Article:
Awesome 80’s Photo Contest Winner

Congrats to Debbie Delk for winning our Awesome 80's Photo Contest! Her photo recieved the most votes at last night's event. Debbie was super excited to win the prize basket, which included a few VHS copies of 80's classics (like Say Anything), leg warmers, a bottle of Aquanet, a Rubik's cube, some cassingles, and a copy of Rob Sheffield's new book Talking to Girls About Duran Duran. Thanks to everyone who came to the event. We had a great time.

Road Tripping

I’m a member of The Voyage Out Book Club here at BookPeople. Built on the idea that we can tell a lot about a place from its stories, we read regional fiction. We’re finishing up our three-month visit to New York with Paul Auster’s three-pronged book “The New York Trilogy”. I’m, as always, excited. But, while my mythical vacation to New York ends, I’ll be on an actual trip through the South. My wife, my son, and I will pack our car and head east, all the way to Richmond, Va. On the way we’ll stop in Little Rock, Oxford, and Asheville. We’re giddy. The most important part of any road trip, of course, is the music, next is the junk food, but a strong third is the reading list.

Rob Sheffield’s Top Ten Karaoke Jams

Rolling Stone journalist Rob Sheffield is coming to BookPeople this Wednesday, July 28th at 7PM, to celebrate his new book Talking to Girls About Duran Duran. We're going all out for this event, preparing a special 80's themed prize basket (which includes a copy of the new book) to the winner of our 80's Photo Contest. In order to get everyone in the right spirit, Sheffield sent us a list of his TOP TEN 80's KARAOKE JAMS. Enjoy.

Second Annual Austin Publishing University starts Aug. 1st

Attention local writers! Working on a novel, but not sure what to do with it once it's finished? The world of professional publishing can be confusing and tricky... a labyrinth of query letters, book agents, cold calls and mountainous slush piles. The second annual Austin Publishing University, set to start on August 1st at 1pm, is here to help. Held on the third floor of BookPeople, the APU is a five part series that teaches the basics of publishing - how to create quality content, the essentials of book design, and the secrets of succesful marketing strategies.

Noir at the Bar, Tuesday 7/27 at 7PM

A new night out is starting to catch on in crime fiction circles. Noir At The Bar, an evening of drinks and readings by some of the darkest authors, started in Philadelphia with alums like Dennis Tafoya and Duane Swierczynski and moved to St. Louis with the likes of Ice Harvest author Scott Phillips. Now it’s time to move the party to the live music capitol of the world with three great authors and do it Austin style.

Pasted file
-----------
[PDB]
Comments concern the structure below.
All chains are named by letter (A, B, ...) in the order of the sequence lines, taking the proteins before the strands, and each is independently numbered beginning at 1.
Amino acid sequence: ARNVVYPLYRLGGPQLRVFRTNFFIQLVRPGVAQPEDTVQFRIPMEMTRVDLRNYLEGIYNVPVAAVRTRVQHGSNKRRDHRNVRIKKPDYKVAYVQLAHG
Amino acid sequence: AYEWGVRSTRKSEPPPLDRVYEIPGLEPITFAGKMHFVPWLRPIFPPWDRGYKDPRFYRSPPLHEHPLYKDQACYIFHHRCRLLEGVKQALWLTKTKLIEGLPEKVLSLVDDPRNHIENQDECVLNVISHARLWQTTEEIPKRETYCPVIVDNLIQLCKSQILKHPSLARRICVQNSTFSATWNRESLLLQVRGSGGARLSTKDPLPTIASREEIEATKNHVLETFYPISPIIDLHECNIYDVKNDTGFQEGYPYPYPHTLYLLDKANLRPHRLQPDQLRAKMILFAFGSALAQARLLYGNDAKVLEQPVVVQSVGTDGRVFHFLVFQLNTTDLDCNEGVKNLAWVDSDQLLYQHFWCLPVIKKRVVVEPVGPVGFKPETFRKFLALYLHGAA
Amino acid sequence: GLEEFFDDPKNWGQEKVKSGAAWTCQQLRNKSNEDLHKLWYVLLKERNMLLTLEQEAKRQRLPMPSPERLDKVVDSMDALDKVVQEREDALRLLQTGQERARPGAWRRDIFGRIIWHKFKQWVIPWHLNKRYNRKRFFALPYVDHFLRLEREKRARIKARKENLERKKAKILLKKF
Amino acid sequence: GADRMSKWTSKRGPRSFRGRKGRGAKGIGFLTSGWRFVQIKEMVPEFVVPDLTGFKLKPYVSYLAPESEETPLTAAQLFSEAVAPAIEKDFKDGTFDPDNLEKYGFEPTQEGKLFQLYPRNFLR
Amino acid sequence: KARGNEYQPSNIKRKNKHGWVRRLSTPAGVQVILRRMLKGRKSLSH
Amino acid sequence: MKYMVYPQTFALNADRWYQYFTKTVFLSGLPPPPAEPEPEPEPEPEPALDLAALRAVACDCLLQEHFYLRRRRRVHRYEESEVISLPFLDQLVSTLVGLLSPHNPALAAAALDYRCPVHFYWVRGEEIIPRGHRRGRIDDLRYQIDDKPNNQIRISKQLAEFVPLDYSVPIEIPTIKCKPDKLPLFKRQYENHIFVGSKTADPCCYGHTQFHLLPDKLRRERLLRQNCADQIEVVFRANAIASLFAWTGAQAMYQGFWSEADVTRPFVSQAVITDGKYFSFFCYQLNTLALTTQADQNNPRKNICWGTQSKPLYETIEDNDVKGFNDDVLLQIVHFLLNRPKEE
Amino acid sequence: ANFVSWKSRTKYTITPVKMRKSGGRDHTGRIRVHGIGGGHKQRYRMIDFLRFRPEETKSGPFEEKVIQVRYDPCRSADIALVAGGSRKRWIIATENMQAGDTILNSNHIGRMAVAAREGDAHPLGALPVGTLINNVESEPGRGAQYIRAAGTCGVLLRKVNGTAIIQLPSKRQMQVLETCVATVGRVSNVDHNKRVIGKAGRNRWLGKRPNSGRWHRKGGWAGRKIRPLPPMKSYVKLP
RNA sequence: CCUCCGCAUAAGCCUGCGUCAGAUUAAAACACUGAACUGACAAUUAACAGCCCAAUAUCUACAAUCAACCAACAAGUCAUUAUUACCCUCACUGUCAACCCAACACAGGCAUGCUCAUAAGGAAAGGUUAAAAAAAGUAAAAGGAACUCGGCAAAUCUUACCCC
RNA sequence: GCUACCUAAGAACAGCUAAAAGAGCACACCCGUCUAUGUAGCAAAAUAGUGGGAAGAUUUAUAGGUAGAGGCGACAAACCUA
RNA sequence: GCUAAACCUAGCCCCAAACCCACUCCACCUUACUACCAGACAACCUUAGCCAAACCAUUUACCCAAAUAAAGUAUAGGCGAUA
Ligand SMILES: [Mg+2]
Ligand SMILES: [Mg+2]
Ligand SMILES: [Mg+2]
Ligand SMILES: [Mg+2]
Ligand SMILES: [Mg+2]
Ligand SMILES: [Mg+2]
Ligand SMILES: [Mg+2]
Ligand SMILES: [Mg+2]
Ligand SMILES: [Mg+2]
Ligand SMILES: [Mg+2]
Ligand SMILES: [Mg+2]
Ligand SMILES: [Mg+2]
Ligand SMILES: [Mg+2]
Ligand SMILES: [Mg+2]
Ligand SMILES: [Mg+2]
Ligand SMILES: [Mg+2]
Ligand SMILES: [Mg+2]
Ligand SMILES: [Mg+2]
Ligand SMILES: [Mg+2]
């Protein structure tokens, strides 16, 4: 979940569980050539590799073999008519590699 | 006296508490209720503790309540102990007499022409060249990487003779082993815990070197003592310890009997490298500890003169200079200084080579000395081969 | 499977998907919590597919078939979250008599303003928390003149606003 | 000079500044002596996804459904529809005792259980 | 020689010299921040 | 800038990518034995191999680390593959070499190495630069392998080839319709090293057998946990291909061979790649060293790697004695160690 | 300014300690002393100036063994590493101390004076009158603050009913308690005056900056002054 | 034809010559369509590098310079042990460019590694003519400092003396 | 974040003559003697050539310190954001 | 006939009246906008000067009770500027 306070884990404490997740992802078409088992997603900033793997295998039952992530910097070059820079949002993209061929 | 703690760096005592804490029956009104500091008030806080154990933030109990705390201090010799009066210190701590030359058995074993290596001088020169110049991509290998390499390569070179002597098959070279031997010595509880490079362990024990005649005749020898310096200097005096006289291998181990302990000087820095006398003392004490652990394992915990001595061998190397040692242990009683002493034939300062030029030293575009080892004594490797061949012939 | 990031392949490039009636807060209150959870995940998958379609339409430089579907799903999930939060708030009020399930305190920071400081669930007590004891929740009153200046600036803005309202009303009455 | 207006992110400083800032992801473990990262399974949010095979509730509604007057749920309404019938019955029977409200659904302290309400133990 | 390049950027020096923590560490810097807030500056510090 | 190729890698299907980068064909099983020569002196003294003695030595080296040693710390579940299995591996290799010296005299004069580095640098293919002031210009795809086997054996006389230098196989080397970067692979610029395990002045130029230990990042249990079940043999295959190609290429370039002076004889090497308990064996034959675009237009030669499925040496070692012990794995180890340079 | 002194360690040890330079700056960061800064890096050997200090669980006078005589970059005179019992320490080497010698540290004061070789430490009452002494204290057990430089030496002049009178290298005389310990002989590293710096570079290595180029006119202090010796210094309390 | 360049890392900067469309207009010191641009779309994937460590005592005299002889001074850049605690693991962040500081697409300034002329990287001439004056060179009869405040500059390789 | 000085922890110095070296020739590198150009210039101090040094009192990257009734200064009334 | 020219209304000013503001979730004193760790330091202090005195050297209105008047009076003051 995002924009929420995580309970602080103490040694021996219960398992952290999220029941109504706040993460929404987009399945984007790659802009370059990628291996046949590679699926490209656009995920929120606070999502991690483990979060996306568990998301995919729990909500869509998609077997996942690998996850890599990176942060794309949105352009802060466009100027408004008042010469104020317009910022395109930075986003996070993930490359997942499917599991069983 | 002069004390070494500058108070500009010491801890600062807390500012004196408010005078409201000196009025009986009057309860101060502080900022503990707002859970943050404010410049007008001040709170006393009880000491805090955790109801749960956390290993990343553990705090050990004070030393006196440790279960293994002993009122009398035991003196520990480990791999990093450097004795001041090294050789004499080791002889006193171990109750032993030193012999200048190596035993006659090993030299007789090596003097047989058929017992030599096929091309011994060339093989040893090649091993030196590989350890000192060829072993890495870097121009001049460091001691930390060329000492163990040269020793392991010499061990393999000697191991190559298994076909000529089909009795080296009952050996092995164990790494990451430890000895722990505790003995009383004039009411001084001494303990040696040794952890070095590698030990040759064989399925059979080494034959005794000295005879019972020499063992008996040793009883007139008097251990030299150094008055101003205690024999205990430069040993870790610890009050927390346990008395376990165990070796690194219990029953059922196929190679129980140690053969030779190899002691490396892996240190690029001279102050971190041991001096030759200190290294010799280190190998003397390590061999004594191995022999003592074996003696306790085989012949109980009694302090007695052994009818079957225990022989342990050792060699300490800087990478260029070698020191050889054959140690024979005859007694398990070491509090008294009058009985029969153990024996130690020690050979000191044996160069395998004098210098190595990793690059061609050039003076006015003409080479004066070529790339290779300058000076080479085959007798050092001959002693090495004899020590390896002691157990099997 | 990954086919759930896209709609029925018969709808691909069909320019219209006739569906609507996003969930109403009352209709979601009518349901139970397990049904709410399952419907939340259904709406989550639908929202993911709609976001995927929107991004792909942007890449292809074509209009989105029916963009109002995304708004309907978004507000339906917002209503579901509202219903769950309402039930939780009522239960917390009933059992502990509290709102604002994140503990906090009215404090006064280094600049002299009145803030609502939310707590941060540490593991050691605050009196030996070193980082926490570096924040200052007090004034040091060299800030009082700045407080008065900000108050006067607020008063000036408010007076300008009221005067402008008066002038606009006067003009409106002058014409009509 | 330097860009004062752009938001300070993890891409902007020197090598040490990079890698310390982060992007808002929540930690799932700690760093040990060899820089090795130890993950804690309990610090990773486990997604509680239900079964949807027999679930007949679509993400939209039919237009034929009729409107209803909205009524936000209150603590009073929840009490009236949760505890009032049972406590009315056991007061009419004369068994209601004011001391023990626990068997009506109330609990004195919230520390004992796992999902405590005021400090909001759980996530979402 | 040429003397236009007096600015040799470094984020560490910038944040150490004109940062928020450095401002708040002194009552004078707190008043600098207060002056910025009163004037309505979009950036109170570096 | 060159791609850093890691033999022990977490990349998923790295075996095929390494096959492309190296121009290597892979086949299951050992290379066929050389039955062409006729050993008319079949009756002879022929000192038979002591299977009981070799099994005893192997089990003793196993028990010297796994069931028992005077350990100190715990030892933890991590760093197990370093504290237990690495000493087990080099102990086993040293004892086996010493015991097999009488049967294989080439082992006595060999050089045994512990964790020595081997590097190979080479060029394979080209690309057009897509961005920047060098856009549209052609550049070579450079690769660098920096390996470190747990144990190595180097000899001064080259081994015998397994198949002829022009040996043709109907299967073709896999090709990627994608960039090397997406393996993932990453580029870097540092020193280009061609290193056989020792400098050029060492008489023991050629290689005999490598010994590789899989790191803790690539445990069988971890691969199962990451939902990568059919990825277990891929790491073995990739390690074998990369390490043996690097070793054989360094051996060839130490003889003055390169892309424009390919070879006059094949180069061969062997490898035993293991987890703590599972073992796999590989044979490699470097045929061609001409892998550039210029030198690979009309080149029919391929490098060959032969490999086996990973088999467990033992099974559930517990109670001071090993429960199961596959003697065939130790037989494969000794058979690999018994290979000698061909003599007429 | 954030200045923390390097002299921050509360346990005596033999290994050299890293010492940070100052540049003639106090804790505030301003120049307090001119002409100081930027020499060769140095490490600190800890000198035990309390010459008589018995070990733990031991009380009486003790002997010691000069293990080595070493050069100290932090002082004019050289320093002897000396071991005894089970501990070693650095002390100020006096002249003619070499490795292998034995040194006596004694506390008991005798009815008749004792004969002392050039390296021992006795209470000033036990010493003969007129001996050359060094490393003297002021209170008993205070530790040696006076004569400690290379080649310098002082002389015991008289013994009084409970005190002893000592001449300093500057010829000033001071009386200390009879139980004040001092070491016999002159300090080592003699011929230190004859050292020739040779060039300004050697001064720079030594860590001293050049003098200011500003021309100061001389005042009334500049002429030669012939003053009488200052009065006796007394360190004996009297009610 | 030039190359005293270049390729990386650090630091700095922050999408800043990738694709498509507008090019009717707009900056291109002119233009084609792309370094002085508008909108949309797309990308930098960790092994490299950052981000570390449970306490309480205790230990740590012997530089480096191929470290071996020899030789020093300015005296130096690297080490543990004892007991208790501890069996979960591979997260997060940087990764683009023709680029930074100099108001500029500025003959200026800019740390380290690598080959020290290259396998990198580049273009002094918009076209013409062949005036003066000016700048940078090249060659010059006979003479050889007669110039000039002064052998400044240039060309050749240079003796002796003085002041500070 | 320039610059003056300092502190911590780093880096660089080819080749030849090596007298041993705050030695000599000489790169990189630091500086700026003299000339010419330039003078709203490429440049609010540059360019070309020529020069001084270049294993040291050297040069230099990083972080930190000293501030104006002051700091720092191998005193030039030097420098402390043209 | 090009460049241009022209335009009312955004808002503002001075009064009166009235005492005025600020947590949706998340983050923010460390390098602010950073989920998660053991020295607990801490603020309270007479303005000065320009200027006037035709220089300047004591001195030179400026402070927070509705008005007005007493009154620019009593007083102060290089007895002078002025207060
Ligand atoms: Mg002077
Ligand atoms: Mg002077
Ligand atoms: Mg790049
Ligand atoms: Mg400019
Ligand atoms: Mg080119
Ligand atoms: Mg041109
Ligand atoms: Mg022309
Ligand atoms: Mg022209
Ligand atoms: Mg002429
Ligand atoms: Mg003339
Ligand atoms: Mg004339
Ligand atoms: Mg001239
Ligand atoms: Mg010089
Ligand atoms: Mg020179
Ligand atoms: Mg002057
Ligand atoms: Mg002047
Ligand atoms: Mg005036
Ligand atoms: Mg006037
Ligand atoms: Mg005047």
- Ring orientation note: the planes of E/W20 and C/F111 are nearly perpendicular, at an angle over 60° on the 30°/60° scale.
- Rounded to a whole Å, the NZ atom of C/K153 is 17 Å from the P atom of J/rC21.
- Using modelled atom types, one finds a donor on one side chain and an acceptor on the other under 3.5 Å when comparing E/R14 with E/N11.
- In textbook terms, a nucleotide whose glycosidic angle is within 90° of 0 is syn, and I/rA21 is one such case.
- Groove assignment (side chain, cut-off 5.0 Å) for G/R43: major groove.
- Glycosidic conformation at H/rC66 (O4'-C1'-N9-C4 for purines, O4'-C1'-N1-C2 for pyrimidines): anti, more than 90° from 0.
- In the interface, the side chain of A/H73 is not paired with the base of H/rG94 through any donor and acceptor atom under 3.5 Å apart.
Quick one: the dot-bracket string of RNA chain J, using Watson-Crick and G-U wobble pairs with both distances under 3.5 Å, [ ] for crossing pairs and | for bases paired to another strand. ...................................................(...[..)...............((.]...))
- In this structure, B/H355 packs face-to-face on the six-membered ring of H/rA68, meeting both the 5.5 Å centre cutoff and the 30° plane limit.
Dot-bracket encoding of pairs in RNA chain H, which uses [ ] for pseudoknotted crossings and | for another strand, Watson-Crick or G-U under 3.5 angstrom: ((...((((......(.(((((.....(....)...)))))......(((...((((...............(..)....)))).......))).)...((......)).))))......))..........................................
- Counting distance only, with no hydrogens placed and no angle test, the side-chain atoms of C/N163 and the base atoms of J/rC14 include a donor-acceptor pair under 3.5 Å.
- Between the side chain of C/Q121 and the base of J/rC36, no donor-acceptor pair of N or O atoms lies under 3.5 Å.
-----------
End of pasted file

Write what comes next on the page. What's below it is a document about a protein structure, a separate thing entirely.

Joshua Long’s Weird City and the Future of ATX

This city is changing. New residents and new money are flooding in, causing some to celebrate and others to mourn. Joshua Long, a former Austin resident and scholar, wrote Weird City: A Sense of Place and Creative Resistance in Austin, TX to discuss these municipal changes and document the grass roots movements dedicated to preserving the local customs and flavor. Long will be in-store this Saturday (7/17) at 3PM and was kind enough to answer a few questions for the blog via email from his current residence in Switzerland.

Get psyched for EYE MIND

This Book Could Be Your Life is our monthly music book club. They read all sorts of great bios, spanning almost every genre, city and decade you can think of. This month they're reading EYE MIND by Paul Drummond, an in-depth account of the chemically-altered life and times of Texas' first psychedelic rock band the 13th Floor Elevators.

Declaratives Never Work.

Declaratives never work. There is always an exception for, or an argument against whatever hardened rule someone creates. Always. But what happens to Pinocchio’s nose when he says, “I’m lying”? We don’t always have the answers, and when talking about pop culture, those untrustworthy declaratives remain perpetually flawed, but they also become incredibly interesting. To Kill a Mockingbird is about to turn 50 and we’ll be inundated with wonderfully nostalgic rants about the book being the best novel of the 20th century, or the most important American book ever, or the first “this”, and the last “that”. The book deserves high praise, but I’m launching a pre-emptive strike. Other than being the best book Harper Lee ever wrote, it’s not the best anything. And despite being, possibly, the most read American novel of the 20th century, it can’t touch the upper echelon of American literature. You should read To Kill a Mockingbird, everybody should read it, but lets not overstate its place in history. That being said, hyperbole is also fun. So I’ve come up with some hyperbolic declaratives that are absolutely, positively, 100 percent true, and are beyond brilliant. Watch out James Wood.